Does Kagan Oppose Mother’s Day?

For indispensable reporting on the coronavirus crisis and more, subscribe to Mother Jones' newsletters.


It’s funny how much can change in 17 years. Yesterday I was reading through Supreme Court nominee Elena Kagan’s written responses to questions from the Senate Judiciary Committee during her confirmation hearings last year to be Solicitor General. I was struck by one about her time working on Justice Ruth Bader Ginsburg’s confirmation. The committee asked Kagan:

In 1993, you worked on Justice Ginsburg’s confirmation hearing. Prior to Justice Ginsburg’s confirmation to the Supreme Court, she wrote on a number of women’s issue. She had written that the age of consent for women should be 12, that prisons should house men and women together in order to have gender equality, that Mother’s and Father’s Day should be abolished because they stereotype men and women, and that there is a constitutional right to prostitution. In a 1995 book review, you called Justice Ginsburg a “moderate.” Do you believe these are moderate positions?

Kagan, naturally, sprinted away from Ginsburg and claimed she wasn’t even aware of some of her more liberal positions. (Kagan is, of course, pro-Mother’s Day.) But what struck me about the question was just how impossible it would be today for someone with Ginsburg’s career as an advocate to make it on to the federal bench at virtually any level, much less the Supreme Court. I mean, arguing to abolish Mother’s Day? A constitutional right to prostitution? Any one of those things would be the kiss of death in today’s polarized world. Yet Ginsburg’s nomination wasn’t the least bit controversial. She was confirmed overwhelmingly in a 96 to 3 vote. Only a single witness testified against her.

What’s depressing about how much the confimration process has changed is that it hasn’t kept judges (or justices) with extreme views off the bench. It’s just made aspiring justices better at hiding those views, at least until they get a lifetime appointment, at which time they are free to say, rewrite 100 years of campaign finance laws in favor of big corporations.  

Thank you!

We didn't know what to expect when we told you we needed to raise $400,000 before our fiscal year closed on June 30, and we're thrilled to report that our incredible community of readers contributed some $415,000 to help us keep charging as hard as we can during this crazy year.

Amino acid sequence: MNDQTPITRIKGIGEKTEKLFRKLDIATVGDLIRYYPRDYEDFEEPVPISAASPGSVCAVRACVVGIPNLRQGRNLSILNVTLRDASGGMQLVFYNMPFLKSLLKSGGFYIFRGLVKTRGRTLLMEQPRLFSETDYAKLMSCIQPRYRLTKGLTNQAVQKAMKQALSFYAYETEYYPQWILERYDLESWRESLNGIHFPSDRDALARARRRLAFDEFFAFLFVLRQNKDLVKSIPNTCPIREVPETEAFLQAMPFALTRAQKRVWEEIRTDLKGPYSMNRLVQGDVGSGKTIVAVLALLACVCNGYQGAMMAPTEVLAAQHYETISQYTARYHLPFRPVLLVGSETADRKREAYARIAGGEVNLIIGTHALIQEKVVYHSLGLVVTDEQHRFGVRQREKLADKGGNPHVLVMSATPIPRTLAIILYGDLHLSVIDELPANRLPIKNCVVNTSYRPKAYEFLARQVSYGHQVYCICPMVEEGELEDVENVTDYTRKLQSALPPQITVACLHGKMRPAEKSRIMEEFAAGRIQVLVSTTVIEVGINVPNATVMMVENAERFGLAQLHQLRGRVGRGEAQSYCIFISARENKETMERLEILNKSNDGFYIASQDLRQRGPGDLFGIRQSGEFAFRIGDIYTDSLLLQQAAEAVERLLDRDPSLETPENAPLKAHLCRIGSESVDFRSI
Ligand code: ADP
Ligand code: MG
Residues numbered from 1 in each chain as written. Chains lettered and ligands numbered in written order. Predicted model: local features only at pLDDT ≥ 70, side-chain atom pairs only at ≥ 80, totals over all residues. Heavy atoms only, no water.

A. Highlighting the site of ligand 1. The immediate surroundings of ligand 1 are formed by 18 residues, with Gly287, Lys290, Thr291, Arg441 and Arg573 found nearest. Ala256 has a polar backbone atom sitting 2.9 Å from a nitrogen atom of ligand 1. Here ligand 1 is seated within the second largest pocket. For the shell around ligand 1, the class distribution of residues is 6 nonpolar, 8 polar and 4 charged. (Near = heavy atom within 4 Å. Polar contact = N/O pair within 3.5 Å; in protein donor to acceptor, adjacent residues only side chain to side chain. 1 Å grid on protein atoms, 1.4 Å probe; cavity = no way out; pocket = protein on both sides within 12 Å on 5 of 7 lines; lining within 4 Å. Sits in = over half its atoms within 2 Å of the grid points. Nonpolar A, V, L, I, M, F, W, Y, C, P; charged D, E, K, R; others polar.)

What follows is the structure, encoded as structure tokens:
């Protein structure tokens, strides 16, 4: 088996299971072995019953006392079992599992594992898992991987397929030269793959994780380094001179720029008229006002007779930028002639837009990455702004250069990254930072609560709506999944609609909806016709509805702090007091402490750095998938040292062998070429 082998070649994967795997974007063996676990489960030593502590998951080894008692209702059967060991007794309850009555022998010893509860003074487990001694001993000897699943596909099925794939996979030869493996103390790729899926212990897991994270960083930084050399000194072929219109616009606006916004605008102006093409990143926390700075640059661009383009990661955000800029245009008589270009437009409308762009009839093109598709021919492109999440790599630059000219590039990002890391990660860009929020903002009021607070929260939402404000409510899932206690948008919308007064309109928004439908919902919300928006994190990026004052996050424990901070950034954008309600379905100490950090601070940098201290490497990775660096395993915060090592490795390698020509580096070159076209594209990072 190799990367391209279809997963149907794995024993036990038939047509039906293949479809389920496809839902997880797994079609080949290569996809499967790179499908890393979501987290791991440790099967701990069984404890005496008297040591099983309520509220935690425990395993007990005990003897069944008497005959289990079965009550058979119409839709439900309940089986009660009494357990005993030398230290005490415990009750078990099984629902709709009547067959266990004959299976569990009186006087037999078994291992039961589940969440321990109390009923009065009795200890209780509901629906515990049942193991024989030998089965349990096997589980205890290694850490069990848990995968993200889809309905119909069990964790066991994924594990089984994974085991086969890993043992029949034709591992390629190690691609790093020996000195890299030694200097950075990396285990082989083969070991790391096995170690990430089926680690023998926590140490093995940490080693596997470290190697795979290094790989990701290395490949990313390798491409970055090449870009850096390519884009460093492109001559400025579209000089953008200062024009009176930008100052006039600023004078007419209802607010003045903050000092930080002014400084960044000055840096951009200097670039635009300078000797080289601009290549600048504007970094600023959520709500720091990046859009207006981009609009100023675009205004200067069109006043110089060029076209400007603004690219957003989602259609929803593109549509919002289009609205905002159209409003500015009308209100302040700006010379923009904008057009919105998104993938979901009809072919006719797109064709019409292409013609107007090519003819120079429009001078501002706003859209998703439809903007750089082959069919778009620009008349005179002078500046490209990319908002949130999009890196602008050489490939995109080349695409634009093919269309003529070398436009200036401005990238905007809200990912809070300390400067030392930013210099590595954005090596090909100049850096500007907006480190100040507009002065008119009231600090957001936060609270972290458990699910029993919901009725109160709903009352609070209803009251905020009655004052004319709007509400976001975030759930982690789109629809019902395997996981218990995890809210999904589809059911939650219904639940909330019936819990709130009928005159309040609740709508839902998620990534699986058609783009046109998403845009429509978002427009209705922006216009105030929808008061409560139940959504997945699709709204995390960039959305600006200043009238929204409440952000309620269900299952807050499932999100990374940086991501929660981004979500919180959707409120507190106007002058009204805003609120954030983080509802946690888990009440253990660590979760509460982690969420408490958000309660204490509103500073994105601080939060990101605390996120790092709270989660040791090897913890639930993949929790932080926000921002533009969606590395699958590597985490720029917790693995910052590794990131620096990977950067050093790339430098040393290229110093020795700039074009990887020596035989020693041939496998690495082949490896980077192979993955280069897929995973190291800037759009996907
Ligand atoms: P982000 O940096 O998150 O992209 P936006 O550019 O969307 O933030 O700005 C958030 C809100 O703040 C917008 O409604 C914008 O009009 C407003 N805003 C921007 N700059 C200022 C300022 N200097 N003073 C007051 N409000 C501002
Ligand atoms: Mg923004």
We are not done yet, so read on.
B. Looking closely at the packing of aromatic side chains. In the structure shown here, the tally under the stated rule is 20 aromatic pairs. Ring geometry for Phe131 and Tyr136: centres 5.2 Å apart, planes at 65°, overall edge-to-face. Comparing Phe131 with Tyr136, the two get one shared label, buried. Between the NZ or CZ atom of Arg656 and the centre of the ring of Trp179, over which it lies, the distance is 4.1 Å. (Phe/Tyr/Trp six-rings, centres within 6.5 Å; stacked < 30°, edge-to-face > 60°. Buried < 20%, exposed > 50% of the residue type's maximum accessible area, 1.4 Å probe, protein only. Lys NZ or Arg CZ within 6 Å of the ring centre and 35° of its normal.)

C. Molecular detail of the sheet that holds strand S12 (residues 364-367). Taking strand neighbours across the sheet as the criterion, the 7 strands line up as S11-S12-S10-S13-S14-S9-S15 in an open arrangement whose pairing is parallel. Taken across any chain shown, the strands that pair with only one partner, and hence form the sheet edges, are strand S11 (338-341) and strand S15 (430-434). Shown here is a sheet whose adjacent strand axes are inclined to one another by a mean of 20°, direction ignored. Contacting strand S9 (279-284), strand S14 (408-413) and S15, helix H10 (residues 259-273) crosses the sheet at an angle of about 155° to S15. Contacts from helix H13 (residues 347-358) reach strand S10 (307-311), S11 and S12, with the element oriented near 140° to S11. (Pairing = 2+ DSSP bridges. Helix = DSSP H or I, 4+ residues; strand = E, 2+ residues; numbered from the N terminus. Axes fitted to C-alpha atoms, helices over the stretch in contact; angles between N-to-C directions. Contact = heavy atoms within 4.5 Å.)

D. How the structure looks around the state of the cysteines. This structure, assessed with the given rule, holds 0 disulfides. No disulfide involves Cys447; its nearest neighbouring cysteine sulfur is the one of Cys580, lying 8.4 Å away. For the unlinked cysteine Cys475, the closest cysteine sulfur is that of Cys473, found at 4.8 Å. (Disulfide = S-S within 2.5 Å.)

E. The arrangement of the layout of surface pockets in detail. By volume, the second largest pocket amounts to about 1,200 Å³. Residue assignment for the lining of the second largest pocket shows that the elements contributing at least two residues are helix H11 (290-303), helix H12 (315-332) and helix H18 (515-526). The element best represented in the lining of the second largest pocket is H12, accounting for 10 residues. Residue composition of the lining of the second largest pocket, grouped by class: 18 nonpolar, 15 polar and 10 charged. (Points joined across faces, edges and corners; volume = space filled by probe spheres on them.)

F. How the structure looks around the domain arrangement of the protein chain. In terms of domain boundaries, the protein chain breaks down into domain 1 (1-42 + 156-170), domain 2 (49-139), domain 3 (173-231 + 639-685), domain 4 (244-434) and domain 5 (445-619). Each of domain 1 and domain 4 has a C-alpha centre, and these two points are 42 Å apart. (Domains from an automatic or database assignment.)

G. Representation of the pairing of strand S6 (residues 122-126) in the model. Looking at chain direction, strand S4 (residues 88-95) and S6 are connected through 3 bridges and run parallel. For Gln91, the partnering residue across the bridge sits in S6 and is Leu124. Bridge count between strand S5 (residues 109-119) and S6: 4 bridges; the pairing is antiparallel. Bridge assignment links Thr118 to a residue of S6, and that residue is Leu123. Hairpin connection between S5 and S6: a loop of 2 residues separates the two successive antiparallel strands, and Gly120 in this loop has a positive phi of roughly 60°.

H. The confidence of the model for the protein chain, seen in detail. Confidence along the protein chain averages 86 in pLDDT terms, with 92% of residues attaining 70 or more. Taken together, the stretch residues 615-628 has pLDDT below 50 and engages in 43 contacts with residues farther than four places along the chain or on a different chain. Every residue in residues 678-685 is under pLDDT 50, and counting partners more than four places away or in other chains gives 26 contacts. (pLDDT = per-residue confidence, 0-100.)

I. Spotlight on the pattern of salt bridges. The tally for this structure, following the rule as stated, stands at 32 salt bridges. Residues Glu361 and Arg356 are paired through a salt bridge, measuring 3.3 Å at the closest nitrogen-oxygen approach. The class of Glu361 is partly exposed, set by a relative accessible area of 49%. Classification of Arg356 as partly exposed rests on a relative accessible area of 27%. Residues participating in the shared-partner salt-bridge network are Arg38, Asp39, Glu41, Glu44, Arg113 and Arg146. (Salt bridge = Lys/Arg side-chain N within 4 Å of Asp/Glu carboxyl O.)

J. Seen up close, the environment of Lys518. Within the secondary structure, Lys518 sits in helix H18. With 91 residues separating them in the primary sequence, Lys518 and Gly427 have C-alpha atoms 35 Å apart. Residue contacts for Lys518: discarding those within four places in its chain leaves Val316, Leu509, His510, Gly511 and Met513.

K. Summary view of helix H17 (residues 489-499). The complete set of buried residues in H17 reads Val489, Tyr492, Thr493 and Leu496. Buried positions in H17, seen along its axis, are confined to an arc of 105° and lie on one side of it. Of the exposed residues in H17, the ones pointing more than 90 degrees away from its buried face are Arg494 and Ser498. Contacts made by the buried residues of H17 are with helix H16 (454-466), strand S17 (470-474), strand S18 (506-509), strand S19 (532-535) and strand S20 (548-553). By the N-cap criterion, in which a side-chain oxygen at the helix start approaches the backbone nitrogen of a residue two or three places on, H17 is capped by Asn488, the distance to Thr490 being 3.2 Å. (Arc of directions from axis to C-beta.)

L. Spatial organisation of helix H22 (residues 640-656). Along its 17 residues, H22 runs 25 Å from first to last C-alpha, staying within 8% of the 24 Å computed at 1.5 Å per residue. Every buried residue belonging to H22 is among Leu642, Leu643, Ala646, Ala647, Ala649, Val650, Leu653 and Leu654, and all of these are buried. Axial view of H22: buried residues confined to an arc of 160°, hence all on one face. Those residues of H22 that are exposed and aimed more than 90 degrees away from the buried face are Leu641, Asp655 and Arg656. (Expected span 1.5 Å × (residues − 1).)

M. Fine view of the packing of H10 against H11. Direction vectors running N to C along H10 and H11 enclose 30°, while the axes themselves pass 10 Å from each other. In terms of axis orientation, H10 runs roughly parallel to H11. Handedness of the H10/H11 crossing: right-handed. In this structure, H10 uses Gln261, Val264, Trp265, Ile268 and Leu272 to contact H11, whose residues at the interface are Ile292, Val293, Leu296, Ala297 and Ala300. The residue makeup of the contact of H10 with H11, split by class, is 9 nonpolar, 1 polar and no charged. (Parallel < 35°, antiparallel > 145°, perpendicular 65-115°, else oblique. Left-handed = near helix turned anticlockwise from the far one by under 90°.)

You just sent an incredible message: that quality journalism doesn't have to answer to advertisers, billionaires, or hedge funds; that newsrooms can eke out an existence thanks primarily to the generosity of its readers. That's so powerful. Especially during what's been called a "media extinction event" when those looking to make a profit from the news pull back, the Mother Jones community steps in.

The months and years ahead won't be easy. Far from it. But there's no one we'd rather face the big challenges with than you, our committed and passionate readers, and our team of fearless reporters who show up every day.

Thank you!

We didn't know what to expect when we told you we needed to raise $400,000 before our fiscal year closed on June 30, and we're thrilled to report that our incredible community of readers contributed some $415,000 to help us keep charging as hard as we can during this crazy year.

You just sent an incredible message: that quality journalism doesn't have to answer to advertisers, billionaires, or hedge funds; that newsrooms can eke out an existence thanks primarily to the generosity of its readers. That's so powerful. Especially during what's been called a "media extinction event" when those looking to make a profit from the news pull back, the Mother Jones community steps in.

The months and years ahead won't be easy. Far from it. But there's no one we'd rather face the big challenges with than you, our committed and passionate readers, and our team of fearless reporters who show up every day.

We Recommend

Latest

Sign up for our newsletters

Subscribe and we'll send Mother Jones straight to your inbox.

Get our award-winning magazine

Save big on a full year of investigations, ideas, and insights.

Subscribe

Support our journalism

Help Mother Jones' reporters dig deep with a tax-deductible donation.

Donate

We have a new comment system! We are now using Coral, from Vox Media, for comments on all new articles. We'd love your feedback.